Female circumcision is an ancient and harmless Islamic practice, Lankan Bohras say

Female circumcision is an ancient and harmless Islamic practice, Lankan Bohras say

Colombo, November 30 (newsin.asia): In the wake of the growing controversy surrounding the practice of female genital cutting among certain Muslim communities in Sri Lanka, a spokesperson for the Dawoodi Bohra community in Sri Lanka, Jamila Husain, told Ceylon Today that media reports in this regard are  “exaggerated beyond imagination.”

She said that the ritual of khatna, which in the case of the Dawoodi Bohra community involves the making of “the mildest of mild cuts in the form of a nick  to the outer foreskin on the top of the clitoris” on a child the age of seven, has been done from generation to generation for centuries since the time of Prophet Mohammed.

“The cut is barely visible to the naked eye. And there is absolutely no bleeding as claimed by the activists,” Husain asserted

Moreover, the practice is sanctioned in the Shariat, although no reference is found in the central Islamic text, the Quran.

Explaining the absence of any mention in the Quran, Husain said that there are many religious beliefs and practices which are not mentioned in the Quran but are found in other texts originating from the time of the founder of Islam and the Imams (religious leaders). The practice of khatna is one such ritual.

The cutting, she explained, is done properly by Muslim medical doctors with experience in this regard at private clinics and hospitals.

“The purpose of circumcision is to keep the vaginal area clean. When there is a slight discharge from the vagina, it tends to go all over the vagina and gets into the foreskin, where the discharge gets crusted and hardened, and cannot be washed off,” Husain said.

She pointed out that the World Health Organization (WHO) has no clinical evidence attesting to the harm done by the khatna ritual as it is practiced by the Dawoodi Bohras.

There are professors in the field of Western medicine who are researching on various positive aspects and uses of the practice, she added.

When queried about claims that the child suffers in the process, Husain said: “This is nonsense. The child barely feels it as it is over within a few seconds. In addition, the entire area is anesthetized with anesthetic cream prior to commencing the procedure. Doctors prescribe no medication for the nick to heal as it heals on its own immediately.”

“Furthermore, the khatna ritual is not compulsory. Just because a member of the community had not gone through it, does not mean that she is  shunned by the community. It is a religious rite, the performance of which depends on the decision of the mother of the child.”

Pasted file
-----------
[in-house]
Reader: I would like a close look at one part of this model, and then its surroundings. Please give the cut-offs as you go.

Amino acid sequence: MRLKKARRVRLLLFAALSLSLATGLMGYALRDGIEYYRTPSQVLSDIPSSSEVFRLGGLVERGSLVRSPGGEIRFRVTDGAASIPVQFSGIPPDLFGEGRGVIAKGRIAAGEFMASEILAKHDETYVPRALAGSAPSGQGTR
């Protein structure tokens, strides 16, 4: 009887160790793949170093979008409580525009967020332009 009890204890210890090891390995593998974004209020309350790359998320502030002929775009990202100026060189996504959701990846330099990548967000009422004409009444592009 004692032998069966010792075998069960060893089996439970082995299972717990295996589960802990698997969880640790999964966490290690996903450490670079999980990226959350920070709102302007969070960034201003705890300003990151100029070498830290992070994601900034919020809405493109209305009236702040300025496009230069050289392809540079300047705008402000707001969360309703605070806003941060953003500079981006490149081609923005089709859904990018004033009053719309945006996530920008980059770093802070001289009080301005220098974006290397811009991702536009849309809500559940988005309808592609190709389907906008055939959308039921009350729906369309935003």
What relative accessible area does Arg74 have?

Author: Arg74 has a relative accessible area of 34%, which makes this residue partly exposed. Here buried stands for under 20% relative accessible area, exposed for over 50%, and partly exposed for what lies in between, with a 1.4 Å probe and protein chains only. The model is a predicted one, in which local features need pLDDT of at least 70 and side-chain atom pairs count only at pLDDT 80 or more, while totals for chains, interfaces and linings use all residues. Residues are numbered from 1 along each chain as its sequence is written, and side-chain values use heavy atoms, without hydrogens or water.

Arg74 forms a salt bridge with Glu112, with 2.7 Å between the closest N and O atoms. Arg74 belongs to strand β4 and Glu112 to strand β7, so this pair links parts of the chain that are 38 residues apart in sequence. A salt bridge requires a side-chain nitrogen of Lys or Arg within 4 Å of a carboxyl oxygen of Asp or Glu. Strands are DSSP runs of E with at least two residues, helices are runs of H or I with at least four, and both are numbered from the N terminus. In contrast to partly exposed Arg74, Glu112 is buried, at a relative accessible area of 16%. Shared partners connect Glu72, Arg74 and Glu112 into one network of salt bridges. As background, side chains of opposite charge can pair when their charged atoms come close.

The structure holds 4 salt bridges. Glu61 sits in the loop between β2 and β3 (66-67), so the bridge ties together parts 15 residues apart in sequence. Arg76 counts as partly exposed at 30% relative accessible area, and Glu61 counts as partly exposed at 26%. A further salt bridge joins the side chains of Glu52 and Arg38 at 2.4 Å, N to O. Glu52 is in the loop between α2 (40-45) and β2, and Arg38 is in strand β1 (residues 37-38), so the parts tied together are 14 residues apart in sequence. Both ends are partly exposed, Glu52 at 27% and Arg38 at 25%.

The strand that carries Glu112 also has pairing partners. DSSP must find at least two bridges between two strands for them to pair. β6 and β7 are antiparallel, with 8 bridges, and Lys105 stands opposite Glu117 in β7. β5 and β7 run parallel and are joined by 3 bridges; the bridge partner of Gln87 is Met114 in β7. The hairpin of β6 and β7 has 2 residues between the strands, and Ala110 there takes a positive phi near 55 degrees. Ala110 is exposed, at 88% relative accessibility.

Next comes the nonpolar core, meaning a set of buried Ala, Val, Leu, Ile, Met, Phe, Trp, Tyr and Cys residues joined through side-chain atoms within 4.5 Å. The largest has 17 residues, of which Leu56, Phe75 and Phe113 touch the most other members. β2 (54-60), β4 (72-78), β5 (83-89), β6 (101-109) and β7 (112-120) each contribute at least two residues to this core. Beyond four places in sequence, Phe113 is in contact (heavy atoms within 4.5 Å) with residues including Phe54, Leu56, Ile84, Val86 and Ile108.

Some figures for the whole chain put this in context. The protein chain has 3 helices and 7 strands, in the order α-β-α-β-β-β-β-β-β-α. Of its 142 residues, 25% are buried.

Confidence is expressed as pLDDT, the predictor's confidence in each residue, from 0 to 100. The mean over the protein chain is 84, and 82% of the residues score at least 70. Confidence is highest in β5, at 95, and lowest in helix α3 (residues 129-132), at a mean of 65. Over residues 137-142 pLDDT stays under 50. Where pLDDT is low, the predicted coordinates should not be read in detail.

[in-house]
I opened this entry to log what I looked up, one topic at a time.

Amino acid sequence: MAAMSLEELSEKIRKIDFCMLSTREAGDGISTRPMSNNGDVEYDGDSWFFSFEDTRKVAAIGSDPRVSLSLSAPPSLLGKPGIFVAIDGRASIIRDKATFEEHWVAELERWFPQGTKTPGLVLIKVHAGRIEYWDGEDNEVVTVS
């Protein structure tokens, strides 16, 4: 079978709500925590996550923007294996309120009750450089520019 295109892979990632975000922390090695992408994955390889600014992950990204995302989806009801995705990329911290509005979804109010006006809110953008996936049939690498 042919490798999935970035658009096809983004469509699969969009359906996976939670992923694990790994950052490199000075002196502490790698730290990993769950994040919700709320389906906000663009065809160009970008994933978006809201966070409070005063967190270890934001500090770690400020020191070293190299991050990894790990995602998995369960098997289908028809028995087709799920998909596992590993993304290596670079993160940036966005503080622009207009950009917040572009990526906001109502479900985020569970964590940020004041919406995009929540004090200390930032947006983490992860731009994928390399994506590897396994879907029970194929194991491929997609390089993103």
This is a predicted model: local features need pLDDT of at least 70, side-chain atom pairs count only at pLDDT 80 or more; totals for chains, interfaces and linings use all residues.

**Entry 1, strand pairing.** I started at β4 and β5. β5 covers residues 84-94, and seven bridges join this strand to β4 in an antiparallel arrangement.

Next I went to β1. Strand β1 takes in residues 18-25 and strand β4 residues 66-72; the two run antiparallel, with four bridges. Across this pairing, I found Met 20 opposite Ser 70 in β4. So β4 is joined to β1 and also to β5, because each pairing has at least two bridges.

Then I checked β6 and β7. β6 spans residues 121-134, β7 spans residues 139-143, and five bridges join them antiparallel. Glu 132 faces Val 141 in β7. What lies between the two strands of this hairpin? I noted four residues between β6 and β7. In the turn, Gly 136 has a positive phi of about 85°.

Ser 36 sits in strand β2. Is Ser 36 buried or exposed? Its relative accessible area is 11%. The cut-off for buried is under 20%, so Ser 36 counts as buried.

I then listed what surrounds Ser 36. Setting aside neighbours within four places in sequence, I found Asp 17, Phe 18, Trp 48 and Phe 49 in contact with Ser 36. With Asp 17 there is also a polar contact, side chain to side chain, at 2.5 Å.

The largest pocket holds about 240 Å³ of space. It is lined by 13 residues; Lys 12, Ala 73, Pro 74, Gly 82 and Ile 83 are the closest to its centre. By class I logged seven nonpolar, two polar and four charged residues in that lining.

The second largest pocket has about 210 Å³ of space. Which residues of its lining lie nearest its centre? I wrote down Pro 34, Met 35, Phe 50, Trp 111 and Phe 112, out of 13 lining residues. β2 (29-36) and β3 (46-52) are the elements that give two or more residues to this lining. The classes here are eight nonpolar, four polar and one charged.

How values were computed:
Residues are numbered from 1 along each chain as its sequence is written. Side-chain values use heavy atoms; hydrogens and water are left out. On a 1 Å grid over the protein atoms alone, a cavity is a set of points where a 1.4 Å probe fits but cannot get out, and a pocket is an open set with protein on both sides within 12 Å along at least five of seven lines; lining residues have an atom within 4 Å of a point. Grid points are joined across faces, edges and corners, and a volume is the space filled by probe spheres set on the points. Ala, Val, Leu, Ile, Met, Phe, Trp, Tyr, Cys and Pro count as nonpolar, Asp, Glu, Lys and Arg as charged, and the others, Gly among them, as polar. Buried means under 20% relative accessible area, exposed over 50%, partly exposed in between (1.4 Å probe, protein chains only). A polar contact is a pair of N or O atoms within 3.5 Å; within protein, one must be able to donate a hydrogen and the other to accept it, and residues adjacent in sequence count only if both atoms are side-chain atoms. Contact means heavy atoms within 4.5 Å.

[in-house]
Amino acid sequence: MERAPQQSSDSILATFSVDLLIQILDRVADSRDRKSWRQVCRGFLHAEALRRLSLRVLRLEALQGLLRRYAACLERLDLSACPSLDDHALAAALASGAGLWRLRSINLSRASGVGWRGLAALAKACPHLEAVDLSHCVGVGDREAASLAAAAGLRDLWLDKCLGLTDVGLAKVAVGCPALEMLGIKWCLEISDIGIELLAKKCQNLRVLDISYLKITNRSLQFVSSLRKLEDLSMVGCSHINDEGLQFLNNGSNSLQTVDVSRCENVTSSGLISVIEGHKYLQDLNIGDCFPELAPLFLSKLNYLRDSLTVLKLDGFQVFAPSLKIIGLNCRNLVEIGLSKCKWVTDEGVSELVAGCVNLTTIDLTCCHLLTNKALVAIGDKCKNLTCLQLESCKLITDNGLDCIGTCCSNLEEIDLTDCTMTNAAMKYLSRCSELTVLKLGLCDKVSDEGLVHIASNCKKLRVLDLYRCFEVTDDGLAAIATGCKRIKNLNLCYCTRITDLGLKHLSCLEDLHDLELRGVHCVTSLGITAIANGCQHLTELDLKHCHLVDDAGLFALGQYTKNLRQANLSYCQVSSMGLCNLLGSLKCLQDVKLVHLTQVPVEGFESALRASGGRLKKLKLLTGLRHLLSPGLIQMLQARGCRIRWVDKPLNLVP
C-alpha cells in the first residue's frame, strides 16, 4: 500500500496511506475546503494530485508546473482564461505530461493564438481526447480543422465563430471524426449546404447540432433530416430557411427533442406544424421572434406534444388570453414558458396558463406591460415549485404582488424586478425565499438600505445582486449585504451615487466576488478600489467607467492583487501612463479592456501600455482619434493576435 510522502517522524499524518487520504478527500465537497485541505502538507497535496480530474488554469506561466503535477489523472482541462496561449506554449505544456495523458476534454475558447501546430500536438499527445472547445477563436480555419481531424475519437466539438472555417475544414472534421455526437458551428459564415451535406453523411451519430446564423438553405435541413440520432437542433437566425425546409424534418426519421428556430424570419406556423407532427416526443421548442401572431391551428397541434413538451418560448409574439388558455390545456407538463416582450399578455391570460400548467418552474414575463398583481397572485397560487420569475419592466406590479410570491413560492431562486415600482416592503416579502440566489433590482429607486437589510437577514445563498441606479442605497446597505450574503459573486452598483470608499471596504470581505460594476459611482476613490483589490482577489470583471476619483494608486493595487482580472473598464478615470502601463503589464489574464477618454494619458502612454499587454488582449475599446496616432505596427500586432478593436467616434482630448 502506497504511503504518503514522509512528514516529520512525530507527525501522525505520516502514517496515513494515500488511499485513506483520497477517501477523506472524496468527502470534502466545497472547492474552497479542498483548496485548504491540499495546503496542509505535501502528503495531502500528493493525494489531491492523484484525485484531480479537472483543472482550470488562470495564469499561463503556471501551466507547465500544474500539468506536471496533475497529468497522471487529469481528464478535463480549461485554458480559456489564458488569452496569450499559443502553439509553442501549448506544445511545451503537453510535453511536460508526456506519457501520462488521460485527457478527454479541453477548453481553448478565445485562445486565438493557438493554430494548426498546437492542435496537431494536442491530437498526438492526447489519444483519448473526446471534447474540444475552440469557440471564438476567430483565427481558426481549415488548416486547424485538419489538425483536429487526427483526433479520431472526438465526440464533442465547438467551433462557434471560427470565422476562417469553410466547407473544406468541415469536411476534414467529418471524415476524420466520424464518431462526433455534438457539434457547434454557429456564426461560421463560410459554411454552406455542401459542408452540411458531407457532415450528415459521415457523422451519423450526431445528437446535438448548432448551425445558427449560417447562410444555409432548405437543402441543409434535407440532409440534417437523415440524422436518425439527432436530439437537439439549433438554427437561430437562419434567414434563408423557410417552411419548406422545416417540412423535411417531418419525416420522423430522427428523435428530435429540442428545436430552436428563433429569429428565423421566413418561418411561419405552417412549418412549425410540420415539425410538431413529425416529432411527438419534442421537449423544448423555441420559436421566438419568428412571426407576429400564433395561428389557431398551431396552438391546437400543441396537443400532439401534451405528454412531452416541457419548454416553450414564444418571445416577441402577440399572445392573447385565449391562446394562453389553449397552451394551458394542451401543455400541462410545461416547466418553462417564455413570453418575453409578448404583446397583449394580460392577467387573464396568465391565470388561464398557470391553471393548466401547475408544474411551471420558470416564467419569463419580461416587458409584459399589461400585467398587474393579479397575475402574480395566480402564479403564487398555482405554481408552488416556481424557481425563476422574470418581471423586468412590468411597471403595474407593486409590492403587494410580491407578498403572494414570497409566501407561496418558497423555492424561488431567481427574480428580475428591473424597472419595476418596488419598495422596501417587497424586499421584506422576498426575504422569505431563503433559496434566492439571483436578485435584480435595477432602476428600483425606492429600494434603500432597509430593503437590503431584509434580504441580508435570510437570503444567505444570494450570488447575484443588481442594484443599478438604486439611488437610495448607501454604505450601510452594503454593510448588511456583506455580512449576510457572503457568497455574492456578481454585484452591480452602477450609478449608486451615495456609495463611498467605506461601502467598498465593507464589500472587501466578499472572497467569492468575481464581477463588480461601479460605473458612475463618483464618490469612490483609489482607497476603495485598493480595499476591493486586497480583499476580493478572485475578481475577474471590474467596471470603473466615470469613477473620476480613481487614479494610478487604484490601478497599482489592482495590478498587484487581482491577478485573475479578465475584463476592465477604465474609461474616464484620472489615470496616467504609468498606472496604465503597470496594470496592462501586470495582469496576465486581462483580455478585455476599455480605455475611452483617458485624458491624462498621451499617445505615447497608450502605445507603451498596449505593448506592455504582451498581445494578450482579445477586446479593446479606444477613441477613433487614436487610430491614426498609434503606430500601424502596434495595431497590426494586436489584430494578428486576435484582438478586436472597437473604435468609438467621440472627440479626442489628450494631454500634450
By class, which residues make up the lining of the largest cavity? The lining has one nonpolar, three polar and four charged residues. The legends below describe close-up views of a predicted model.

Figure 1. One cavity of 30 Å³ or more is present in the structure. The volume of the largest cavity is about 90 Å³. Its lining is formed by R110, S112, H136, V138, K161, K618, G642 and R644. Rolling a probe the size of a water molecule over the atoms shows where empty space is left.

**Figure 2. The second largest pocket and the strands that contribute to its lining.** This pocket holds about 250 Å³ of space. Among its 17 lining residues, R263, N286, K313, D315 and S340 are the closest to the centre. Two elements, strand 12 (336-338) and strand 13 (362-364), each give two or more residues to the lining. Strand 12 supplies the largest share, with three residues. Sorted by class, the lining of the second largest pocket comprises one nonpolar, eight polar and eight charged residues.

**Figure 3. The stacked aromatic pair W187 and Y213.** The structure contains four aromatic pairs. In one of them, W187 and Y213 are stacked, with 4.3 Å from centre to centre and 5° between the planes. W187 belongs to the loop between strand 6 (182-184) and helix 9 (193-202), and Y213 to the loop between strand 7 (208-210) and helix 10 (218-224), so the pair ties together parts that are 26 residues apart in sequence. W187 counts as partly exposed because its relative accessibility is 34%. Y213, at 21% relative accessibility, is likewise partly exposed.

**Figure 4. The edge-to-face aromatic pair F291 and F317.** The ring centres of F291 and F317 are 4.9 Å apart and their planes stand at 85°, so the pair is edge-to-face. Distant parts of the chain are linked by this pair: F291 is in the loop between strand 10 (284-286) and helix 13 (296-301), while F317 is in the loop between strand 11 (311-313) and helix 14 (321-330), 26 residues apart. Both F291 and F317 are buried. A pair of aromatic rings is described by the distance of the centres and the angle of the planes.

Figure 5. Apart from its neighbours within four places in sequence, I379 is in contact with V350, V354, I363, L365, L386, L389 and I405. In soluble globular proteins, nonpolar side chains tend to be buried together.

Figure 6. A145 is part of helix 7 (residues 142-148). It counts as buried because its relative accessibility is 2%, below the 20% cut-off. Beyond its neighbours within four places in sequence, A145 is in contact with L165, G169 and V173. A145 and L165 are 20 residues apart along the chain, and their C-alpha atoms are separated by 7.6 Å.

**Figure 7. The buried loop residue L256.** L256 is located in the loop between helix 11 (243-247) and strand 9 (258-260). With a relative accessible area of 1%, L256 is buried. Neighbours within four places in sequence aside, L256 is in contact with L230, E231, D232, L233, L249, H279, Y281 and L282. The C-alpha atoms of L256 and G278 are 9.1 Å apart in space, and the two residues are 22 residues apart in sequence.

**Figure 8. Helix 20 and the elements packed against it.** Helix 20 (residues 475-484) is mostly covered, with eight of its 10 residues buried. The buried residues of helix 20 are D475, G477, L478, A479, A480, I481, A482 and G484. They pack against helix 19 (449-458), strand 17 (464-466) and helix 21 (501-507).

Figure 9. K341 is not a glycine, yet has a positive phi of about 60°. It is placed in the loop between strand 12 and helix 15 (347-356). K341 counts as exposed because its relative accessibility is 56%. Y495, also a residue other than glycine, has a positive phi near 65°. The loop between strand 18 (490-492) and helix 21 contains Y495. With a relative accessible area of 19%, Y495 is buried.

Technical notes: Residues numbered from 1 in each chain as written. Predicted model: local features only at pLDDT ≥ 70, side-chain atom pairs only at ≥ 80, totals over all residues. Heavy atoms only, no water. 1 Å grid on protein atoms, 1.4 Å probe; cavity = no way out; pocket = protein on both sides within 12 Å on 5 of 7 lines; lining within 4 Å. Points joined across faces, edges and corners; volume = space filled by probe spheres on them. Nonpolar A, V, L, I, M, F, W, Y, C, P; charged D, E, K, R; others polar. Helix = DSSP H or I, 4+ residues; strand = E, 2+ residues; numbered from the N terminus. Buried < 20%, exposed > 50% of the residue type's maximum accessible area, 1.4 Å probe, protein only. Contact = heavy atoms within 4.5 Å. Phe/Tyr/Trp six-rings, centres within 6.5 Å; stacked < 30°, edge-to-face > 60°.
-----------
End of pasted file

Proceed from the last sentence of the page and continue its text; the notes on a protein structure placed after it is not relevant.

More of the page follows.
On the issue of whether the prior consent of the child is obtained or not Husain said that the child is told that “a small procedure is to be performed for her own good.”

When asked about Dawoodi Bohra women making submissions against the practice to the Parliamentary Sectoral Oversight Committee on Women and Gender, Husain said: “If some Dawoodi Bohra women are saying now that they were hurt by the procedure, where were they all these years? If they had a problem in this regard, why hadn’t they spoken to anyone within the community? They had the freedom to do so! Who did they go to instead? They went to the media and to the activists.”

“ It is sad that activists without knowledge of the matter have claimed that the khatna ,as practiced by the Dawoodi Bohras, is one which alternately involves the un-hooding of the clitoris or the chopping off of parts of the female genitalia or the excising of the entire clitoris. This is not so. It is a harmless ritual,” Husain added.

Dawoodi Bohras are a modern, educated community which  believes in gender equality, who will not indulge in any harmful practice or ritual.

She also pointed out that there are no Dawoodi Bohras in Eastern Sri Lanka contrary to claims in the media.

A statement made in the media that girls below the age of eight are being dragged off to have the khatna ritual performed on them is a “blatant lie” which the Bohras condemn vehemently, she said.

“If the ritual or procedure is performed in the correct way as prescribed by religion, nothing will go wrong,” she asserted.

Husain said that if the Minister of Justice, who is scheduled to meet a group of victims from the same community to discuss the issue in parliament next week, raises the matter with the Dawoodi Bohra community, the latter will engage in cordial discussions in this regard, and explain that the practice is not what it is being made out to be.

END